An Insider's Look at DDoS Attacks
LOS ANGELES — For all webmasters and website owners, the prospect of suffering a distributed denial of service (DDoS) attack is a frightening prospect, posing performance, security, and customer service problems, along with a loss of revenue and reputation.
While many site operators might feel a DDoS attack is something their web host will handle, or that only happens to sites that “deserve it” due to their content, or as the result of competitive mischief, or a disgruntled party, the truth is your site can easily be swept up in a broader attack.
One recent example of a DDoS attack with a wide-ranging impact was the massive assault that occurred last Friday, October 21.
According to New Hampshire-based Dyn’s EVP Scott Hilton, this particular attack was “complex and sophisticated, using maliciously targeted, masked TCP and UDP traffic over port 53.”
Dyn manages traffic for major sites such as Netflix, Reddit, Spotify, and Twitter, and confirms the Mirai botnet was the primary source of malicious attack traffic — an attack compounded by recursive DNS retry traffic — in other words, folks hitting their browser’s “refresh” button, adding to the server loads.
As to the main culprit, Hilton says “Dyn is collaborating in an ongoing criminal investigation of the attack and will not speculate regarding the motivation or the identity of the attackers.”
“We began to see elevated bandwidth against our Managed DNS platform in the Asia Pacific, South America, Eastern Europe, and US-West regions that presented in a way typically associated with a DDoS attack. As we initiated our incident response protocols, the attack vector abruptly changed, honing in on our points of presence in the US-East region with high-volume floods of TCP and UDP packets, both with destination port 53 from a large number of source IP addresses,” Hilton explains. “The abrupt ramp-up time and multi-vectored nature of the attack, led to our Engineering and Network Operations teams deploying additional mitigation tactics on top of our automated response techniques.”
“These techniques included traffic-shaping incoming traffic, rebalancing of that traffic by manipulation of anycast policies, application of internal filtering and deployment of scrubbing services,” Hilton adds. “Mitigation efforts were fully deployed by 13:20 UTC; the attack subsided shortly after.”
Hilton notes that at roughly 15:50 UTC a second attack began.
“This attack was more globally diverse, but employed the same protocols as the first attack. Building upon the defenses deployed during the earlier attack and extending them globally, we were able to substantially recover from the second attack by 17:00 UTC. There was residual impact from additional sources that lasted until approximately 20:30 UTC,” Hilton says. “A number of probing smaller TCP attacks occurred over the next several hours and days; however, our mitigation efforts were able to prevent any further customer impact.”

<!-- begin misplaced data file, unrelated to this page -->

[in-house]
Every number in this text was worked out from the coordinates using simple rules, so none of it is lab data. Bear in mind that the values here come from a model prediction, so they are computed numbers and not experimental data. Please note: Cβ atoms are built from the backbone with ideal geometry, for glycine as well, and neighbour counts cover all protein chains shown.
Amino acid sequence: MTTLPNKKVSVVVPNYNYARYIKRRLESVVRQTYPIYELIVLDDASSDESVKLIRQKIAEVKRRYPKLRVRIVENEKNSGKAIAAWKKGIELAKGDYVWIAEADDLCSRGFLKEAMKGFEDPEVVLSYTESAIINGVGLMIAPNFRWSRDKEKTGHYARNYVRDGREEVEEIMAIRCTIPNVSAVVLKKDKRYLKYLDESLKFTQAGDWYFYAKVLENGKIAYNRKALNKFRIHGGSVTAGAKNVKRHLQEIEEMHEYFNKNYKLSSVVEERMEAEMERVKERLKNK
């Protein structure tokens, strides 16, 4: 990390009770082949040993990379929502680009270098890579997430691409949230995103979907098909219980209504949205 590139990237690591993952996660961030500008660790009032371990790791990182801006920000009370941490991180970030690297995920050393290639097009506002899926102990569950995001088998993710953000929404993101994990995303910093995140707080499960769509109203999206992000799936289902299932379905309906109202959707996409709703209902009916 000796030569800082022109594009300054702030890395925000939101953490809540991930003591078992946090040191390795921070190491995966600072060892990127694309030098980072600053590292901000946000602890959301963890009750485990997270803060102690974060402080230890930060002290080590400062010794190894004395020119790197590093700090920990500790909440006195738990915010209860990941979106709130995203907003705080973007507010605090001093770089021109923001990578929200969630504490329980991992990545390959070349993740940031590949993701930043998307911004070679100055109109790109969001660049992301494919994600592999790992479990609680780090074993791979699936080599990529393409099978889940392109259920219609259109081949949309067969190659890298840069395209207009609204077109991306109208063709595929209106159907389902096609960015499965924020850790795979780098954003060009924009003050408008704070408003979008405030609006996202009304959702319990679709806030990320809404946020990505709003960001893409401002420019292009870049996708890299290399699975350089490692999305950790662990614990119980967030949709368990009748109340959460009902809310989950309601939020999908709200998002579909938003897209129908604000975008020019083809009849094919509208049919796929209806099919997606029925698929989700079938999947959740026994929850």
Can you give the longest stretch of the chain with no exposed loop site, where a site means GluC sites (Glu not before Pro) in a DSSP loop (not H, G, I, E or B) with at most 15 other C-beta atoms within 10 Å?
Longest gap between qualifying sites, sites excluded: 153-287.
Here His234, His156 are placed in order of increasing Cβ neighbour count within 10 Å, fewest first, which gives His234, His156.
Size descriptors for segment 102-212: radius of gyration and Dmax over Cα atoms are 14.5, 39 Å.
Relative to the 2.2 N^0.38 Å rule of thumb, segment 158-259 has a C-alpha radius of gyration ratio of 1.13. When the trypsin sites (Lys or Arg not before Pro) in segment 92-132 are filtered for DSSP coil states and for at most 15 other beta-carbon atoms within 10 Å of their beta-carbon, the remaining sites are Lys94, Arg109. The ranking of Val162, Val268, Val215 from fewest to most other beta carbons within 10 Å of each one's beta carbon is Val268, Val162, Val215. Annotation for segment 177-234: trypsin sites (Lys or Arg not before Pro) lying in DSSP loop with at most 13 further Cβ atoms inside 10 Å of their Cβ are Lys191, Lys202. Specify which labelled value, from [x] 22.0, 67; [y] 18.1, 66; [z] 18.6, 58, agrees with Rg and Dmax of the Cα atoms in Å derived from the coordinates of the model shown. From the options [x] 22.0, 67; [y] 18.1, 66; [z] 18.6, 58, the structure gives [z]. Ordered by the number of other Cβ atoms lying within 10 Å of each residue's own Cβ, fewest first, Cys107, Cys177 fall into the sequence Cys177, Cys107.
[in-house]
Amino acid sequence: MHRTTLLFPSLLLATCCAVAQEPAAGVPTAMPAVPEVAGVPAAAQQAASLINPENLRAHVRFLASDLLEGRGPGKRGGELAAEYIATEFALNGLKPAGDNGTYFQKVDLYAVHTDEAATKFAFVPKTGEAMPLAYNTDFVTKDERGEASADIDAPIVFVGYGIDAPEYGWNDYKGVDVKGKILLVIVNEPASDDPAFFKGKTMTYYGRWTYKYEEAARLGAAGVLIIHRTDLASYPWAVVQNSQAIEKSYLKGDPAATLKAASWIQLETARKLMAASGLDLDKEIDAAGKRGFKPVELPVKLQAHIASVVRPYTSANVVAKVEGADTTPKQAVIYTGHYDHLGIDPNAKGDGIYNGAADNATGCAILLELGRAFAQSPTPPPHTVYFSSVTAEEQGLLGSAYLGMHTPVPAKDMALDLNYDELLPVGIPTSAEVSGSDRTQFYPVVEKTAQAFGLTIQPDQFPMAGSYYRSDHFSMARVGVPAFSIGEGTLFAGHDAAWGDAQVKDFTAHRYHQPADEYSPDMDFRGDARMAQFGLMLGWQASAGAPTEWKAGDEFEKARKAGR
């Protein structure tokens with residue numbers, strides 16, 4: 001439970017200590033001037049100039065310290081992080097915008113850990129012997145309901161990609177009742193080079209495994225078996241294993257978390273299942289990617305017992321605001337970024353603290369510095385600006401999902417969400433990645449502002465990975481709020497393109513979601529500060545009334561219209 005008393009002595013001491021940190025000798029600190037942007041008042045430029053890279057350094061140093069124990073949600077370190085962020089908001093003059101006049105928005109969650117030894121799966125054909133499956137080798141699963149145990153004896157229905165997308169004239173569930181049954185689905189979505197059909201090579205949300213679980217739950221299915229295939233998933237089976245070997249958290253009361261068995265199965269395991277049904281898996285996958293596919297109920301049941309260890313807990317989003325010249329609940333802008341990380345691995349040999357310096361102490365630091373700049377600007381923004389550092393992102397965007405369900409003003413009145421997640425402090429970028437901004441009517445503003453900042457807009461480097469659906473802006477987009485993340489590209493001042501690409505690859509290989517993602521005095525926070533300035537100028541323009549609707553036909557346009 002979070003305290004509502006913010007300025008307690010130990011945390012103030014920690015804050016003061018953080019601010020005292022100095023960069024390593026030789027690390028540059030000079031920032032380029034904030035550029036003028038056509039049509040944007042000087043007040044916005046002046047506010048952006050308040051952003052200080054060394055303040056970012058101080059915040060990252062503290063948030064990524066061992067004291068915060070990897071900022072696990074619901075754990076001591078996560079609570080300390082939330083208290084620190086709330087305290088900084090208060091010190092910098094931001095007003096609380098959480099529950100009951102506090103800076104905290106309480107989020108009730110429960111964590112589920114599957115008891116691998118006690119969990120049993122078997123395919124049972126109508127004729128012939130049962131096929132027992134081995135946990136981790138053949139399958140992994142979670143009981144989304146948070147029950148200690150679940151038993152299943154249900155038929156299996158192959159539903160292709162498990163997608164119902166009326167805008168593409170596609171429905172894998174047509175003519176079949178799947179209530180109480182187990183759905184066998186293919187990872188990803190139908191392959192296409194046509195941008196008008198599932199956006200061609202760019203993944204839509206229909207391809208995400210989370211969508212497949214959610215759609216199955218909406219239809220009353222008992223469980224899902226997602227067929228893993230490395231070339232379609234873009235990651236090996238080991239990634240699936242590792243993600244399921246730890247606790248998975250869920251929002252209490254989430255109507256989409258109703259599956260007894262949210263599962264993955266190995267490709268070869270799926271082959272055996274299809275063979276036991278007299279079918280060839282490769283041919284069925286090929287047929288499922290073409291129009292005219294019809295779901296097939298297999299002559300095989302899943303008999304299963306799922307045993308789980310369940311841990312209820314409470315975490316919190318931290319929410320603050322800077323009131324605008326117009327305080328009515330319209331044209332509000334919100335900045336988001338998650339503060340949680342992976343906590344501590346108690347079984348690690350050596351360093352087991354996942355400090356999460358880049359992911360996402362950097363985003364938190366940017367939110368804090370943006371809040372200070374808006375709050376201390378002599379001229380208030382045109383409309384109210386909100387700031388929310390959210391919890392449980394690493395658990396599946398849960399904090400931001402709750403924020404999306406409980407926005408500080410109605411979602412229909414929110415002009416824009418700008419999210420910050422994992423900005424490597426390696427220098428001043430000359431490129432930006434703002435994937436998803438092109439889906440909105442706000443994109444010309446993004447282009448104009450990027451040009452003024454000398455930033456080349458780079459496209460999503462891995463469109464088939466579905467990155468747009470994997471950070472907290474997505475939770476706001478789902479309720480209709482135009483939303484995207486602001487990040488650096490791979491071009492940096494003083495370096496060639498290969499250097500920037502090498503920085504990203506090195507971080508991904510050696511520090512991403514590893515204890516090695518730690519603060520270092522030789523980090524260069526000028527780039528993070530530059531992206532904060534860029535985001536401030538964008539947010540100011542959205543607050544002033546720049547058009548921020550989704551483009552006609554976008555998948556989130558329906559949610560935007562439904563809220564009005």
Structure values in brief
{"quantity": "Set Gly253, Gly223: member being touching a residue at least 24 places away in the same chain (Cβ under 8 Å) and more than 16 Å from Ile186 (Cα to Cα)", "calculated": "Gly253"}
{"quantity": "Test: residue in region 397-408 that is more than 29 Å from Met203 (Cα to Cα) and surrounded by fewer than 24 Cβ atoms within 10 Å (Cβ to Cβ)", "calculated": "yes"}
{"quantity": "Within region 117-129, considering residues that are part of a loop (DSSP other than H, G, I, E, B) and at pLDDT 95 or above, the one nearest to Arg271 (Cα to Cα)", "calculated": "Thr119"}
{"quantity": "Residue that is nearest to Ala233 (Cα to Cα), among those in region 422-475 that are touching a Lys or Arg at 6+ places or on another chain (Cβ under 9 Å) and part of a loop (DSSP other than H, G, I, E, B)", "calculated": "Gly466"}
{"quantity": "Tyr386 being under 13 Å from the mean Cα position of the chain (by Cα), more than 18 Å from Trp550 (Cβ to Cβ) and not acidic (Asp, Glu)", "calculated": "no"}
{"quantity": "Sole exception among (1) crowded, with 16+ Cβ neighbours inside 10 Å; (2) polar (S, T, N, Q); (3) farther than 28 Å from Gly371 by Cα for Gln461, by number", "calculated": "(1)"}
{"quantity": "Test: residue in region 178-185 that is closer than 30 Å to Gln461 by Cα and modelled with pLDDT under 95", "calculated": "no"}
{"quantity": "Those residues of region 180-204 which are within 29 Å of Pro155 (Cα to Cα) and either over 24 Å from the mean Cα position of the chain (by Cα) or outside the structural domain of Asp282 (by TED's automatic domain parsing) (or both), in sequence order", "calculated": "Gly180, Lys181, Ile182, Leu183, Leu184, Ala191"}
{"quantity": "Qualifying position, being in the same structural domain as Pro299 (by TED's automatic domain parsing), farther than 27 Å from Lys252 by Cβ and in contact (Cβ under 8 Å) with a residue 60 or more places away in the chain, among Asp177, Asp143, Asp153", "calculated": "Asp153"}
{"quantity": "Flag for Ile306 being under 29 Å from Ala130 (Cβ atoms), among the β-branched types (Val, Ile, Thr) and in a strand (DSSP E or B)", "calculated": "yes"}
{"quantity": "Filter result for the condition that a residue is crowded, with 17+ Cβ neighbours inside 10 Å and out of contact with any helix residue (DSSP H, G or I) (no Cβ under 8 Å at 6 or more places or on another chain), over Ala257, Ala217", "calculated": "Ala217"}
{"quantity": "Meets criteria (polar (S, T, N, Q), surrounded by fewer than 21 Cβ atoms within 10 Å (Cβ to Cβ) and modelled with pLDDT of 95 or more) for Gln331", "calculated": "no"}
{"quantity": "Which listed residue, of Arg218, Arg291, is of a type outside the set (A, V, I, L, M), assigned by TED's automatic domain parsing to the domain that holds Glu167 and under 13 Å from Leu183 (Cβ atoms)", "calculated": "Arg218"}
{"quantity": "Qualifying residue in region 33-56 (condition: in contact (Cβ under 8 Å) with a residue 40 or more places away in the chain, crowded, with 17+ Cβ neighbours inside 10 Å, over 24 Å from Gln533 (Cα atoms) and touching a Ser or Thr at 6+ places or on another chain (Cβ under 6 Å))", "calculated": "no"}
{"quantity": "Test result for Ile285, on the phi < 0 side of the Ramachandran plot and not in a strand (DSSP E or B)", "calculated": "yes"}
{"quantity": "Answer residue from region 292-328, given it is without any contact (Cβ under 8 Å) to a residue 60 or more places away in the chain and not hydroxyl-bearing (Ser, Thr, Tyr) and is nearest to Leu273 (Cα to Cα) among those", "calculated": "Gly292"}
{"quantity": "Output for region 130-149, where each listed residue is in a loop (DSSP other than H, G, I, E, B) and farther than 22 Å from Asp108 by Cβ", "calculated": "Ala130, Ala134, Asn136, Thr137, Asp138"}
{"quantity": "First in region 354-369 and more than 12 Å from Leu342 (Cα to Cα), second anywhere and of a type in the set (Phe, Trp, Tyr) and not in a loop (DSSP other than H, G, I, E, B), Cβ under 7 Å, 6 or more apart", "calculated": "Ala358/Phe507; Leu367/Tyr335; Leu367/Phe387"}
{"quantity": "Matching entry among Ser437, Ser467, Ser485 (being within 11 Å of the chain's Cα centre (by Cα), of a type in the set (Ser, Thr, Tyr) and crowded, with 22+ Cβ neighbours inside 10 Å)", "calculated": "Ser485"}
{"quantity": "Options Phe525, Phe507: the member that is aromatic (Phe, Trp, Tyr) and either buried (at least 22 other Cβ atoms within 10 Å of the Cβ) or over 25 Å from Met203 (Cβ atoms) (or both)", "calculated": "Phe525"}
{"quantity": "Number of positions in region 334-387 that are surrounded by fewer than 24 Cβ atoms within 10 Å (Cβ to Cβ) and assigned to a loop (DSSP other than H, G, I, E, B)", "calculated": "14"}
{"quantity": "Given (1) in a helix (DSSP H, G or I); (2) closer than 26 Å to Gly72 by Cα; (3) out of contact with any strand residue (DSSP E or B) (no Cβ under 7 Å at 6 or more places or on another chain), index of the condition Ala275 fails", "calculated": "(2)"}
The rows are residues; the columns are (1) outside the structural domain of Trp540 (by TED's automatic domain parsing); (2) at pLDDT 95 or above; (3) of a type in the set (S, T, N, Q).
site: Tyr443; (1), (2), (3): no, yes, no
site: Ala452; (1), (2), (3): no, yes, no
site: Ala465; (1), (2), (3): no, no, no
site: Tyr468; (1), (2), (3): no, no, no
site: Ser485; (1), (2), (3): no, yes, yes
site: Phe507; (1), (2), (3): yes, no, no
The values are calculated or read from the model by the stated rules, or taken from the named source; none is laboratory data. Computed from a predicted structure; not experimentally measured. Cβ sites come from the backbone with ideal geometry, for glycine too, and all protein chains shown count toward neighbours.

Hilton explains that during a DDoS which uses the DNS protocol it can be difficult to distinguish legitimate traffic from attack traffic.
“For example, the impact of the attack generated a storm of legitimate retry activity as recursive servers attempted to refresh their caches, creating 10-20X normal traffic volume across a large number of IP addresses,” Hilton says. “When DNS traffic congestion occurs, legitimate retries can further contribute to traffic volume.”
Hilton notes that Dyn saw both attack and legitimate traffic coming from millions of IPs across all geographies.
“It appears the malicious attacks were sourced from at least one botnet, with the retry storm providing a false indicator of a significantly larger set of endpoints than we now know it to be,” Hilton explains. “We are still working on analyzing the data but the estimate at the time of this report is up to 100,000 malicious endpoints. We are able to confirm that a significant volume of attack traffic originated from Mirai-based botnets.”
Hilton says that early observations of the TCP attack volume from a few of Dyn’s datacenters indicate packet flow bursts 40 to 50 times higher than normal.
“This magnitude does not take into account a significant portion of traffic that never reached Dyn due to our own mitigation efforts as well as the mitigation of upstream providers,” Hilton explains. “There have been some reports of a magnitude in the 1.2 Tbps range; at this time we are unable to verify that claim.”
That is a huge amount of network-crushing bandwidth.
“This attack has opened up an important conversation about internet security and volatility,” Hilton concluded. “Not only has it highlighted vulnerabilities in the security of ‘Internet of Things’ (IOT) devices that need to be addressed, but it has also sparked further dialogue in the internet infrastructure community about the future of the internet.”
As they say, every dark cloud has a silver lining.